That led René and Armin to talk about how they respond whenever a casting director asks, "Do you ride?" Young actors, just starting out, who really, desperately want a certain role, will always say, with total confidence, "Oh, yes, of course," even if they've never been near a horse in their life. René said that at this point in his career, when he gets that question, he is comfortable with saying, "Yes, I ride, in the movies," but he doesn't consider himself a rider, and doesn't ride for recreation.
People asked Armin a variety of questions - about his roles in Beauty and the Beast and Buffy, the Vampire Slayer, and his work with the actor's union. One interesting tidbit: the last episode of DS9 aired the same week as the end-of-season episode for Buffy, in which Armin's character gets eaten by a giant demonic snake. René and Armin both seemed amused that Armin could lose two television roles so close together!
A child asked Rene to sing “Les Poissons,” from The Little Mermaid. He sang a little more slowly than usual, and in a lower key, because of his cold, but it was still as delightful as always.
As their talk ended, June and I snuck out to prepare our charity photos for the autograph session – and discovered that René’s table was set up in that frigid corridor! It wasn’t the same spot that we’d used earlier; this
time we were farther from those glass doors, and we soon had a solid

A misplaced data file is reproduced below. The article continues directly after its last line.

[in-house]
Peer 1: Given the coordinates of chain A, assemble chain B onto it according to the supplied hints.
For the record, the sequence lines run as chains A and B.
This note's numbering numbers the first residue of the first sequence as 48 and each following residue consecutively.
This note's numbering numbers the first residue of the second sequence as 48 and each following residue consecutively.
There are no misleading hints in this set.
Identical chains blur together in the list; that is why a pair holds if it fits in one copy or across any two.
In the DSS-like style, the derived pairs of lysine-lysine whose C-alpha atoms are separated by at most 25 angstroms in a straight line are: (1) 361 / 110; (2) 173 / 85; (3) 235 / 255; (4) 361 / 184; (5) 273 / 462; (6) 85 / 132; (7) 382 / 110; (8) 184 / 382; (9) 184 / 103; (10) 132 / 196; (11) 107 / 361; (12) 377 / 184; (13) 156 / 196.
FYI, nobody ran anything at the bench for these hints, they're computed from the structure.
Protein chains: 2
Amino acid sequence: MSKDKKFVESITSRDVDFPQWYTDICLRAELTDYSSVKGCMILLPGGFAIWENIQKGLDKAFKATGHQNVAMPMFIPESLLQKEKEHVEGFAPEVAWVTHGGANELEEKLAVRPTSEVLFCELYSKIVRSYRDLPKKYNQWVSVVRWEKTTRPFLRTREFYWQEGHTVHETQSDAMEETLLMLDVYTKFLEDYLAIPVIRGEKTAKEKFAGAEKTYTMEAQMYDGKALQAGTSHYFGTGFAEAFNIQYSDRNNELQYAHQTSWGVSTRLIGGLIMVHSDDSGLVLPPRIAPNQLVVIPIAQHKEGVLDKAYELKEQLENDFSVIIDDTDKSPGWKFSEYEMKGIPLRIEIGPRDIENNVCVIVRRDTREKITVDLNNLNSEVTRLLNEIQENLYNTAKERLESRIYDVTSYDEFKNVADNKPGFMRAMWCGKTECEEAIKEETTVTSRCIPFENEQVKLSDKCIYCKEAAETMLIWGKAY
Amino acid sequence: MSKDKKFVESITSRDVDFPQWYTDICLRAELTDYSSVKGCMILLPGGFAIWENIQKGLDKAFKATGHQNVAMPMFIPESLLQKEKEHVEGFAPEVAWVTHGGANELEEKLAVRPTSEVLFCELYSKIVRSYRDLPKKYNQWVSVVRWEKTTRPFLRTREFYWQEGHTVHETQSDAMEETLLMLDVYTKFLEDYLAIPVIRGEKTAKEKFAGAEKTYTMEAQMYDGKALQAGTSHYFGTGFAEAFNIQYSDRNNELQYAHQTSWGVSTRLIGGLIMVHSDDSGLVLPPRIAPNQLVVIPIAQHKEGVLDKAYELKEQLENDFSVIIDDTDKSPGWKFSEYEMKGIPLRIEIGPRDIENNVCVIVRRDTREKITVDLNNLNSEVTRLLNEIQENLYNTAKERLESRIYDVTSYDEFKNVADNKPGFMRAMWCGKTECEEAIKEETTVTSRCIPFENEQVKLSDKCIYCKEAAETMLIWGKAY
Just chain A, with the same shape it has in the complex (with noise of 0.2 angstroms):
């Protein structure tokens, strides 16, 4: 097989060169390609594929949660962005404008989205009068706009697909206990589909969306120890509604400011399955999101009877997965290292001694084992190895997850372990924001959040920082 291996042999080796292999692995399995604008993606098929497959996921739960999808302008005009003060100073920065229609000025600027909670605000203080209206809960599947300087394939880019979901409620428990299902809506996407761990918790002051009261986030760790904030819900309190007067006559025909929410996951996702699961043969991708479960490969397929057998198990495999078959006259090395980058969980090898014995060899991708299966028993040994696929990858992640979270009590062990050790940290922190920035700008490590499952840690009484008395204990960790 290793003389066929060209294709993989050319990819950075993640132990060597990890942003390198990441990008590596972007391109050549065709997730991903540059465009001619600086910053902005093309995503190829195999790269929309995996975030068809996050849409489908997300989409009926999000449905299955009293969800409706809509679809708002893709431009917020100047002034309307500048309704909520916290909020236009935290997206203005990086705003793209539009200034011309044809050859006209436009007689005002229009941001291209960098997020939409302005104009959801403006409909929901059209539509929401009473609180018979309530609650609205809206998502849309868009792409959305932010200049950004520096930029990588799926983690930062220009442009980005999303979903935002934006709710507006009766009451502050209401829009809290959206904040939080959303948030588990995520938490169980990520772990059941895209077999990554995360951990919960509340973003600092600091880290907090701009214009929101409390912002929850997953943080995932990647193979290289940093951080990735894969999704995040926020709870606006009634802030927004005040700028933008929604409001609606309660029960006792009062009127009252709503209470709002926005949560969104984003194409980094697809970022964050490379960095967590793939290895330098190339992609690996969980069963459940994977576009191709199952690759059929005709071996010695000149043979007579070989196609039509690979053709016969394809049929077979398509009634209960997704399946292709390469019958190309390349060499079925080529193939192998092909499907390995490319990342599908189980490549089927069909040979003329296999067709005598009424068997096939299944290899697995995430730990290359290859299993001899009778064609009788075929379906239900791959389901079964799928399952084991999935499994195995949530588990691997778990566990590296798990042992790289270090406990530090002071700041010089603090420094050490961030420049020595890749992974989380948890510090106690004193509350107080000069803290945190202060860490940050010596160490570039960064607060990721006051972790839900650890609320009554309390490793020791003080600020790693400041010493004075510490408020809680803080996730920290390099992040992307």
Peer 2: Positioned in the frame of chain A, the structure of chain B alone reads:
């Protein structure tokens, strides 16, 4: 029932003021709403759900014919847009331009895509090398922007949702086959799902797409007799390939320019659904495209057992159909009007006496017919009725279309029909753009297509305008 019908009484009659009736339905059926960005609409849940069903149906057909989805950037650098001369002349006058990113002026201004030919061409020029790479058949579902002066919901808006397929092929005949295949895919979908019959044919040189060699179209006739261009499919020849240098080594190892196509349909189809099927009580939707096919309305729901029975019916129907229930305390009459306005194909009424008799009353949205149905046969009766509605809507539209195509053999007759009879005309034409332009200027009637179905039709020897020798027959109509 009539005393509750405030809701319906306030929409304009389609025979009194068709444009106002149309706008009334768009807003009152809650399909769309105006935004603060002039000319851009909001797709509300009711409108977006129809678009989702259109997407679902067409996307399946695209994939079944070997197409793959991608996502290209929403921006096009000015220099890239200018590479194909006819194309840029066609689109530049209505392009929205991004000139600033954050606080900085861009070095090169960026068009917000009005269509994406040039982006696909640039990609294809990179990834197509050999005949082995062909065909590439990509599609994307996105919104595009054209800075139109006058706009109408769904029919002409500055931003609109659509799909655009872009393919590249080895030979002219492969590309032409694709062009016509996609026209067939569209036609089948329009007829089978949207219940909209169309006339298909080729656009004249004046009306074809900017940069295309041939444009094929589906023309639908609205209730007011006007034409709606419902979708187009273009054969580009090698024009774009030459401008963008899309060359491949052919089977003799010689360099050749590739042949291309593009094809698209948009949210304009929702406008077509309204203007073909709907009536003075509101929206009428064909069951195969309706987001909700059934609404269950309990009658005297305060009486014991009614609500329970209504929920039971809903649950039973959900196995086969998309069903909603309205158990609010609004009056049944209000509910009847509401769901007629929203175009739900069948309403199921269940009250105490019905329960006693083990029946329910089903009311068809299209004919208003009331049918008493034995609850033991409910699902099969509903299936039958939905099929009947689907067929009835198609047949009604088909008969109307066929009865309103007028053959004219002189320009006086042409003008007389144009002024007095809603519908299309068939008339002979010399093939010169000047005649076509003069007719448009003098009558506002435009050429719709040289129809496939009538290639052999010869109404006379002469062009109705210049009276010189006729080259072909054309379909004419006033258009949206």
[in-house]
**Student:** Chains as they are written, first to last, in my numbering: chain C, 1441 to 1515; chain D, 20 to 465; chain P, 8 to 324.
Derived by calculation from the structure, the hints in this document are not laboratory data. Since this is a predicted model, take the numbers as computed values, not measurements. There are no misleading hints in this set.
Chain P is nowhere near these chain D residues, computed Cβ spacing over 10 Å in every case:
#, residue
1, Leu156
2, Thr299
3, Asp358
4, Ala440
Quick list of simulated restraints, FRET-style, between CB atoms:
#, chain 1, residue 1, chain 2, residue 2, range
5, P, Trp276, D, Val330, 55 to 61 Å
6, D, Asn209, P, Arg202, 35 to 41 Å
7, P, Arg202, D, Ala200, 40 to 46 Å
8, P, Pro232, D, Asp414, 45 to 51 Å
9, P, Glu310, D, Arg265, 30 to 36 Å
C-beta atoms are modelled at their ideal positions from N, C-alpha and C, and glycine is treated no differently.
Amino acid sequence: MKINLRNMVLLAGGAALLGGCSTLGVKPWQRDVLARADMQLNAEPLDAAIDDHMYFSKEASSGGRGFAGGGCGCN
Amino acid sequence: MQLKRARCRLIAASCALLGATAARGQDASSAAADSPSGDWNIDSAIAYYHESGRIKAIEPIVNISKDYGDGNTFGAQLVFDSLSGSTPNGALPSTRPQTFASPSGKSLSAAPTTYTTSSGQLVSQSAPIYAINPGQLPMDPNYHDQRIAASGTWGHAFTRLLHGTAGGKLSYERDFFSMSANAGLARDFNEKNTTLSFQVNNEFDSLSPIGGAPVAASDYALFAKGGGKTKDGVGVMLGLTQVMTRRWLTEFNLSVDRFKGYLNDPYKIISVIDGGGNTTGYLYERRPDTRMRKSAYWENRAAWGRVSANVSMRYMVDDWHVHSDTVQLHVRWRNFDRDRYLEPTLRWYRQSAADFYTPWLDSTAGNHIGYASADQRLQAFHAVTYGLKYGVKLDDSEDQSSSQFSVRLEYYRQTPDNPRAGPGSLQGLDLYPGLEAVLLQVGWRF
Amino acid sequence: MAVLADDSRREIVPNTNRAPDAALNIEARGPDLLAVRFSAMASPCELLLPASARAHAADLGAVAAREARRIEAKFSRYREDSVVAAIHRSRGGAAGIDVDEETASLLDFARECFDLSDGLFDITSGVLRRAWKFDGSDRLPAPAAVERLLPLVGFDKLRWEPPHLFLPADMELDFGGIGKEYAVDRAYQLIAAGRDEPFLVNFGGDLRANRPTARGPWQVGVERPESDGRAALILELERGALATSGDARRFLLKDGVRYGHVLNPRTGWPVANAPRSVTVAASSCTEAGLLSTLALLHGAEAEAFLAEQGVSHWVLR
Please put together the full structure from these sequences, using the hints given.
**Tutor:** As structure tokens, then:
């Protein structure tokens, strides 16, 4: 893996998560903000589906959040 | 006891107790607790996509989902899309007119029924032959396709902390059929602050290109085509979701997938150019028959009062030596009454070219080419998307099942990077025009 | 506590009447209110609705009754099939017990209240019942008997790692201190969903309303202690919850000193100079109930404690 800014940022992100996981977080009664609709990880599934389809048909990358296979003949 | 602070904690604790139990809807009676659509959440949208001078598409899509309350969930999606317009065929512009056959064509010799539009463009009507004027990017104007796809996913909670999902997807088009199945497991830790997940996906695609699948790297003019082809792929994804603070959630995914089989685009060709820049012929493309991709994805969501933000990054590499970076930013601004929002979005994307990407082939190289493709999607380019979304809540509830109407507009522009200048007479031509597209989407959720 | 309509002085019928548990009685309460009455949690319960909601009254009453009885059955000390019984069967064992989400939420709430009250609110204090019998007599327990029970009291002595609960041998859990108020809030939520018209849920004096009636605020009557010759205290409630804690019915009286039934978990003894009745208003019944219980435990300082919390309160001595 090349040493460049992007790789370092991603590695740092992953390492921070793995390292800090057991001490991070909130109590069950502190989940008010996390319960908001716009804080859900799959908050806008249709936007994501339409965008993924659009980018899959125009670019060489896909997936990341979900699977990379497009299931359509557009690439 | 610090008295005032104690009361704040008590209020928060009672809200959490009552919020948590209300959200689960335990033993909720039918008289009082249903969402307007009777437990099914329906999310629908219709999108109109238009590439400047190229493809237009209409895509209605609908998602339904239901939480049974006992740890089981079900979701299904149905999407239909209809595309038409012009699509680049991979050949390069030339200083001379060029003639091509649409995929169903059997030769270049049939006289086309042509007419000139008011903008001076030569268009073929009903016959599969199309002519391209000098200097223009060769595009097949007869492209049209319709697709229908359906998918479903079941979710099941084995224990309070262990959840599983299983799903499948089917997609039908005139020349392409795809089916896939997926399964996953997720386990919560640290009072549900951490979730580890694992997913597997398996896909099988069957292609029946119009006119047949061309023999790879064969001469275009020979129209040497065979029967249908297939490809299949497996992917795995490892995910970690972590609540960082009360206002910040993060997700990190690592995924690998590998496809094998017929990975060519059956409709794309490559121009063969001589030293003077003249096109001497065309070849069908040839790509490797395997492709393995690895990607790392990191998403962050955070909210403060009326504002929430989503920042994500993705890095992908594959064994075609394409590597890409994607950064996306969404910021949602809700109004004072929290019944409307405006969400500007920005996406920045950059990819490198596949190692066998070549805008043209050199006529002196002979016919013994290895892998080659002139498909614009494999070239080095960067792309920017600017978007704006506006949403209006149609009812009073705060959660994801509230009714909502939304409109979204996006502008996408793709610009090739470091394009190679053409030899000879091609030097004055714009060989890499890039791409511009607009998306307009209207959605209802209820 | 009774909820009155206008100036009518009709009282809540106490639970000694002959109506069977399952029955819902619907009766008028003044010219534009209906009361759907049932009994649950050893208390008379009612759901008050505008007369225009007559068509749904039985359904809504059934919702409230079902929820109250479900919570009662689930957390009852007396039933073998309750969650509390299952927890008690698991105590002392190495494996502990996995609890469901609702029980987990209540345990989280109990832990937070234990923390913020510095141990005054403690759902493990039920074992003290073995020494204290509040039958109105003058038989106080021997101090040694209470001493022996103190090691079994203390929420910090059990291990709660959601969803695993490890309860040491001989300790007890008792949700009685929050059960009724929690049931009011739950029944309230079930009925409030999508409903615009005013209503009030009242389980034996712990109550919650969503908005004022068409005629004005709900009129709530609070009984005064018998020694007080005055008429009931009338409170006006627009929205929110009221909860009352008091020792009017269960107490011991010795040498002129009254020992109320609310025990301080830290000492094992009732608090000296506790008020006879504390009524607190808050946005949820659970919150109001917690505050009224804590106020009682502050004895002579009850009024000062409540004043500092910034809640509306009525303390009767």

line of bodies standing between us and the windows, so it wasn’t quite as
cold as it had been earlier in the day. People were ushered out of the
ballroom, went past our photo table and René first, and then around the
corner to Armin. I’m sure the autograph line was planned that way for logistical reasons, because René signs faster than Armin and they thought this would provide the best traffic flow. But it was NOT a comfortable couple of hours. René was wearing a warm shirt and a fleecy-looking jacket, and he had some hot tea to drink, but he was rubbing his hands together a lot to try to keep them warm. I wished we had kept that blanket!
June and I had good seats for the evening dinner and play. The food was your usual hotel banquet chicken and rice, nothing memorable. During dinner, Max, Aron, Chase, Richard, and Lolita came around to every table to chat with the fans and pose for photographs. At some point, I don’t know why, Aron started offering to clear away people’s dessert plates – the first I heard of it was a loud laugh from a table near us, and when I turned around Aron was saying to a man, “Can I take that for you?” and whisked his empty plate away. When Aron got tired of that, he picked up a coffee pot and started refilling people’s coffee. June suggested that maybe he gets bored with making small talk, so this gave
him something to do! Whatever his motives, it kept people amused.
Finally dinner was over, and Dave introduced René and Armin, who
launched right into a hilarious two-character scene, part of Beyond
the Fringe by Peter Cook and Dudley Moore. From there, they continued
through a whole series of small scenes and readings, some serious, some
comic, some for two voices and others for just one. René started out by
explaining that this was a work in progress, and that we should think of
it as an evening of theatrical “jazz” – improvisation for actors instead
of for musicians. They had rehearsed all of the pieces, but only lightly,
and they weren’t quite sure yet what order they would do them in; they
would decide based on how we reacted to things, and how they felt about
how the evening was going. They read most of the pieces from scripts,
which they placed on rather rickety wire music stands. Armin had all of
his in a dark blue three-ring binder, while René juggled loose sheets of
paper; when he finished one story, he would put that script down on the